FIG. 3
Alignment of WhiA-like proteins from diverse gram-positive bacteria. The sequences compared are from Mycoplasma pneumoniae (mycpne; accession number AAB96238 ...

C13 had a mutation just upstream of the putative ribosome-binding site and translation start codon of whiA, within the coding sequence of the preceding gene ORF3: TG was changed to CT, changing the wild-type sequence TGGAAGGA to CTGAAGGA (Fig. (Fig.4).4). This mutation introduces an in-frame premature stop codon in ORF3 that removes its last 6 residues, and it also reduces the complementarity of this region to the 3′ end of the 16S rRNA. Both effects are predicted to affect the translation of whiA, tending to uncouple the translation of ORF3 and whiA and reducing the translation of whiA independently initiated from its own ribosome-binding site.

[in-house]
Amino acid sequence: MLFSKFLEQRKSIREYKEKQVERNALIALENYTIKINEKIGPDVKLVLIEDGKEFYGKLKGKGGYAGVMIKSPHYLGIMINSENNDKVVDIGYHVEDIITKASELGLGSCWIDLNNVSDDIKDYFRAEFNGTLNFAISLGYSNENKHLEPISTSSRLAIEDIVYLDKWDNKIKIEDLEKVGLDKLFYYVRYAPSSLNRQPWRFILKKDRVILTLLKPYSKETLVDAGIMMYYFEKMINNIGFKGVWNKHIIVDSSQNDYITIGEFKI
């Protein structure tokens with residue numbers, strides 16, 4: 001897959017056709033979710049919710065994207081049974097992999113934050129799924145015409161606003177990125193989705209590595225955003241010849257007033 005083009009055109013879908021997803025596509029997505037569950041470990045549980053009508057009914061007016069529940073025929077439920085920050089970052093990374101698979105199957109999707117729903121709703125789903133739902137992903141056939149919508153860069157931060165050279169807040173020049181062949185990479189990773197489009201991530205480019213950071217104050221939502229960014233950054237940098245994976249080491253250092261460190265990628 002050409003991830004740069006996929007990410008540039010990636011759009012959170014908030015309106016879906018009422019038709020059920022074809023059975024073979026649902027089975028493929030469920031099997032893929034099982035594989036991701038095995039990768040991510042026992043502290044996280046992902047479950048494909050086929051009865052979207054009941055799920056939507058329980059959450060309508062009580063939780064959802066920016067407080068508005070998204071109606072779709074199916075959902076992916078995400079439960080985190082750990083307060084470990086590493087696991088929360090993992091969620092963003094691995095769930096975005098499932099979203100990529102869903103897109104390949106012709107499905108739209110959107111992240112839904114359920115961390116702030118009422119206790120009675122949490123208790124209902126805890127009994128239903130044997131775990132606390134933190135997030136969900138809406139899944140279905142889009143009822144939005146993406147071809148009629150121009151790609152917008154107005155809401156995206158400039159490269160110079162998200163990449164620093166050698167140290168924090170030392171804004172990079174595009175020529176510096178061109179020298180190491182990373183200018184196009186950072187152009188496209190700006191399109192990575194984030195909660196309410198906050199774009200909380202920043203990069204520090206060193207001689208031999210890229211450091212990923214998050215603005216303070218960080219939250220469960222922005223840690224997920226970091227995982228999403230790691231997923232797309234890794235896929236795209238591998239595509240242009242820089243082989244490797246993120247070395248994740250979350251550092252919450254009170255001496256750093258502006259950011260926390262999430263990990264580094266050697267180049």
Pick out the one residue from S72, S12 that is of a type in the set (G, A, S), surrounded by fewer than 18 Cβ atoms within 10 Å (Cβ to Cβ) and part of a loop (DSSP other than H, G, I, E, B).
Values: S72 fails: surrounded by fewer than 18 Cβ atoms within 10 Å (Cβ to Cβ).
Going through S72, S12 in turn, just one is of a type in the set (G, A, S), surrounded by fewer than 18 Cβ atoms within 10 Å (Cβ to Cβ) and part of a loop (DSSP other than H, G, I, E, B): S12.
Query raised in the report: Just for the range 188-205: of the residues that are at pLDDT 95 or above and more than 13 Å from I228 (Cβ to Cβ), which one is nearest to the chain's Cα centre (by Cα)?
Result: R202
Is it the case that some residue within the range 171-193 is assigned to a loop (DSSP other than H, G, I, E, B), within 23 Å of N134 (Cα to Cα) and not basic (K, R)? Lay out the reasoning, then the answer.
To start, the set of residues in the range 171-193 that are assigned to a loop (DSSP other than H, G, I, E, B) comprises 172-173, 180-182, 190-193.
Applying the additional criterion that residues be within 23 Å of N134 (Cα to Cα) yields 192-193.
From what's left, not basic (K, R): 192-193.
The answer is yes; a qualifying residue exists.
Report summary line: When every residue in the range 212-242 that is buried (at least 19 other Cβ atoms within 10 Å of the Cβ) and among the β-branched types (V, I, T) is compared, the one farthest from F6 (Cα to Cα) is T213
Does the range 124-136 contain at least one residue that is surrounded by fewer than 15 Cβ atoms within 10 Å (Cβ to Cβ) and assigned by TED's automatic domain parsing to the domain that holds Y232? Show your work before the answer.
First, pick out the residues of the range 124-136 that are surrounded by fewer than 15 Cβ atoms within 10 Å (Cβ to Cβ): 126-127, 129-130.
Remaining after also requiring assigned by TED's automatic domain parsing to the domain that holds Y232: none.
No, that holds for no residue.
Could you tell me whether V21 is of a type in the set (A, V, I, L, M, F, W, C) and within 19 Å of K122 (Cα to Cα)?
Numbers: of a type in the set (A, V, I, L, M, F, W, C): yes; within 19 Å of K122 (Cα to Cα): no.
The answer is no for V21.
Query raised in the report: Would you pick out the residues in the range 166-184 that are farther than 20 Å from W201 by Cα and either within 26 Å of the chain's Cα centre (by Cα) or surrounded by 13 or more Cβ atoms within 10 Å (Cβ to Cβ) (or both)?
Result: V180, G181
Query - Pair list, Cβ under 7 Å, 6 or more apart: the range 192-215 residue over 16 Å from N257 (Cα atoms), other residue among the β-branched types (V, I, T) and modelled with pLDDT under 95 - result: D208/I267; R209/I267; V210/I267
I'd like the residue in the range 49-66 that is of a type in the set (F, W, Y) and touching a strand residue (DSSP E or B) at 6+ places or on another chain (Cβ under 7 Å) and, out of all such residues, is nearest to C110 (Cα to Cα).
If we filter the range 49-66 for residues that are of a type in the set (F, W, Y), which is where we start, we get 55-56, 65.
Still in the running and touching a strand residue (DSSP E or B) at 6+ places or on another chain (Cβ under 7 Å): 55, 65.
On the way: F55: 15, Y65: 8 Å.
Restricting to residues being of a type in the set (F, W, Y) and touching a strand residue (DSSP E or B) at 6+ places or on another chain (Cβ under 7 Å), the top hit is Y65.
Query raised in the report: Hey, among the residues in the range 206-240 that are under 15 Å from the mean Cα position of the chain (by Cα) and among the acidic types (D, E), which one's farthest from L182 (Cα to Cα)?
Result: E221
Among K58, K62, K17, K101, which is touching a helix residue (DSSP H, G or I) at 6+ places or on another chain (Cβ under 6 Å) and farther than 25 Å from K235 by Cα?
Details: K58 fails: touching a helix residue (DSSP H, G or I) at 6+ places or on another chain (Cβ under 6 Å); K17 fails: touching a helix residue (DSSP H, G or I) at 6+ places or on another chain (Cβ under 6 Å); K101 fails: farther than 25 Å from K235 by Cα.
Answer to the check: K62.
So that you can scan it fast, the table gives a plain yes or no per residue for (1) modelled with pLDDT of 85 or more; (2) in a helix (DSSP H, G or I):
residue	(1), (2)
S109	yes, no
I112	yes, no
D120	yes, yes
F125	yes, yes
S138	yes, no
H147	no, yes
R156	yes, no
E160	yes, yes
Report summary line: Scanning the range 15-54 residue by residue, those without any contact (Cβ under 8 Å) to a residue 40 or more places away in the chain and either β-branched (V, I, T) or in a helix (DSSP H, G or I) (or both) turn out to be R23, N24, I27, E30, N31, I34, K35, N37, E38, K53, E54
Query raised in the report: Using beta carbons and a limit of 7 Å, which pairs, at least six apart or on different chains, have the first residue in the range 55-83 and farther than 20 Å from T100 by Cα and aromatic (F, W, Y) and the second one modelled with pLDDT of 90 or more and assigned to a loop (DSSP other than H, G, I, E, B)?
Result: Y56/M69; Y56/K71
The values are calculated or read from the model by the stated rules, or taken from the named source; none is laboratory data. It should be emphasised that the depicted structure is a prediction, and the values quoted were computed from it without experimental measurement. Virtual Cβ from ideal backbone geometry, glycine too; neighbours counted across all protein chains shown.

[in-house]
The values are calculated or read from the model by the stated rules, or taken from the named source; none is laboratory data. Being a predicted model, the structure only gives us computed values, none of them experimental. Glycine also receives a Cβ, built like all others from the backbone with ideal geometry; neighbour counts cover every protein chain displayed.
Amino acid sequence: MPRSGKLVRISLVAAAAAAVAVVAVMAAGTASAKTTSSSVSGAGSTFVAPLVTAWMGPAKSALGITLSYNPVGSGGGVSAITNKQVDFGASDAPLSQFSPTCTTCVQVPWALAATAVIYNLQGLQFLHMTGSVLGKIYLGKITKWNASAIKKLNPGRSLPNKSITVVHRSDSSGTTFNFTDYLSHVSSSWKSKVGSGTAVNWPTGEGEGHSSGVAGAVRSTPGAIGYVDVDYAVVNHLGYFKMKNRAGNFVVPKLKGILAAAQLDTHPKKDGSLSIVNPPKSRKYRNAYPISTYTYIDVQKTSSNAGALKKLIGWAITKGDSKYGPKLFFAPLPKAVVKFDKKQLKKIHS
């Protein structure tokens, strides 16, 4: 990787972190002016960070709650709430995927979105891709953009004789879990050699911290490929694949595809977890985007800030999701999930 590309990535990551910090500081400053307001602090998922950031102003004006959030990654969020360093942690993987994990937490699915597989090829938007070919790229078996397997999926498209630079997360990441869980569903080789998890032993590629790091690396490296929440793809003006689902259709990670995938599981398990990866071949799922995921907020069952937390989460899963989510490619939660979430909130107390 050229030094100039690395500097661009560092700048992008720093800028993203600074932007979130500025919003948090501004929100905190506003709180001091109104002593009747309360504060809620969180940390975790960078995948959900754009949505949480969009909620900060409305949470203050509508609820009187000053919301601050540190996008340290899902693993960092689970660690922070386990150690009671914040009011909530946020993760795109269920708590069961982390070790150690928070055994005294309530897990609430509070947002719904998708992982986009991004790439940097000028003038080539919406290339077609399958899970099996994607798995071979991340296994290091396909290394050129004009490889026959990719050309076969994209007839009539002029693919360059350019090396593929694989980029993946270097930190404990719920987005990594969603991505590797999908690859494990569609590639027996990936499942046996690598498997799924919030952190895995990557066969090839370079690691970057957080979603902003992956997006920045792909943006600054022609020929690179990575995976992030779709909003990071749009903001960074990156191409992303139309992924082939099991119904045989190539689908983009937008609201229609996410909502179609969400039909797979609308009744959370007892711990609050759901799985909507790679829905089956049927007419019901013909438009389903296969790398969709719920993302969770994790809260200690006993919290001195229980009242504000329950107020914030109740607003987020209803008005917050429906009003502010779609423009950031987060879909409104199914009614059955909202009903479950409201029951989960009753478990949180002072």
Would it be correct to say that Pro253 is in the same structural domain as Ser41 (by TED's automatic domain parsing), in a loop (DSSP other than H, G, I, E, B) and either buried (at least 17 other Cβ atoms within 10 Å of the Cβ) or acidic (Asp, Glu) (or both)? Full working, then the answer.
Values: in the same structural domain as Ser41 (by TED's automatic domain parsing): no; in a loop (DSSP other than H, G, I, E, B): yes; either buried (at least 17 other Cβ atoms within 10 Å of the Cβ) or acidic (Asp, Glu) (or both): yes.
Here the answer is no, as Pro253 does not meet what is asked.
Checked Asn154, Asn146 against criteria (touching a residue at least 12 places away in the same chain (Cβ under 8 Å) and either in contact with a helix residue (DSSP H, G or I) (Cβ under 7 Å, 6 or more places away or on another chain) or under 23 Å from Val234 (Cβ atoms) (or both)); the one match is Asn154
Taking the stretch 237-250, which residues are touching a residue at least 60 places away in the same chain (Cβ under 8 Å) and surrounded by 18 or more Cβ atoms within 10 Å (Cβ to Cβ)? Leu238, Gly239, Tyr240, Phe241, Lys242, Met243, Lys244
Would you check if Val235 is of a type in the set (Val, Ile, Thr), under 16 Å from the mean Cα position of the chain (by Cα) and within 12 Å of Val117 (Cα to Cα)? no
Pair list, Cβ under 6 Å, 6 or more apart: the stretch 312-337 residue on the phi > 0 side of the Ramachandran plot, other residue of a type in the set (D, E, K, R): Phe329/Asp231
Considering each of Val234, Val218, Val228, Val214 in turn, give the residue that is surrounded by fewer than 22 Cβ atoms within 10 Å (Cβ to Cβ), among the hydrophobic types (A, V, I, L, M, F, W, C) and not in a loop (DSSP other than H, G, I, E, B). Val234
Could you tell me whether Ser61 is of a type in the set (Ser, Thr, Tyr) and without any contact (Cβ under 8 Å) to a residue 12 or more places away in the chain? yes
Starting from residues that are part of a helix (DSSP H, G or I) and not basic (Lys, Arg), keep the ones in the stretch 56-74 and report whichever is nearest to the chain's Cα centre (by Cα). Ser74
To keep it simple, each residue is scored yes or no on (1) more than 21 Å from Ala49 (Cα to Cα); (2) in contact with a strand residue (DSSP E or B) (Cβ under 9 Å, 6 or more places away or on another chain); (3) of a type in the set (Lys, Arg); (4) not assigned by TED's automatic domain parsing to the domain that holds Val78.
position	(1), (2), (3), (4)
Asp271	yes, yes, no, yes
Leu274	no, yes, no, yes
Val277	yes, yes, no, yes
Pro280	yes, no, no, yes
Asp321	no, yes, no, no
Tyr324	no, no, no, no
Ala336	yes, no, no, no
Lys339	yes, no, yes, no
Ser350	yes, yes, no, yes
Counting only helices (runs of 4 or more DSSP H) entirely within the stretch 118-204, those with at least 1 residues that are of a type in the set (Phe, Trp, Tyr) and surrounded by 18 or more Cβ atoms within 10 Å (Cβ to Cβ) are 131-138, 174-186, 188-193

FIG. 4
Sequence (nucleotides 2079 to 2343 from AF106003) at the overlap of ORF3 and whiA, showing the promoter regions and the transcription start point of whiA ...

As described in sections above, C85 and C170 were the only whiA mutants that were not complemented by pIJ6204. In C85, the mutation found (Leu162→Pro) could therefore represent a dominant allele, although the presence of a secondary mutation (perhaps in whiH, to judge from the phenotype of C85/pIJ6204, although this has not been further studied) is an alternative explanation. IN C170, the presence of a frameshift mutation in whiA confirms that this mutant was originally isolated and correctly classified as a whiA mutant. The “abnormal” phenotype currently detected in C170 (remarkably similar to whiG mutants) could be explained by the presence of a secondary mutation. The likely presence of a second whi mutation in two of the six whiA mutants was surprising and was not consistent with the results of an earlier genetic analysis (8). Possibly, there may be a selective advantage in such additional mutations: the aerial hyphae of whiA mutants, which are normally used for subculture and storage in the laboratory, have lower viability than the aerial hyphae of other whi mutants (our unpublished observations), and the accumulation of other mutations during culture preservation or subculture may alleviate this effect.

Transcriptional analysis.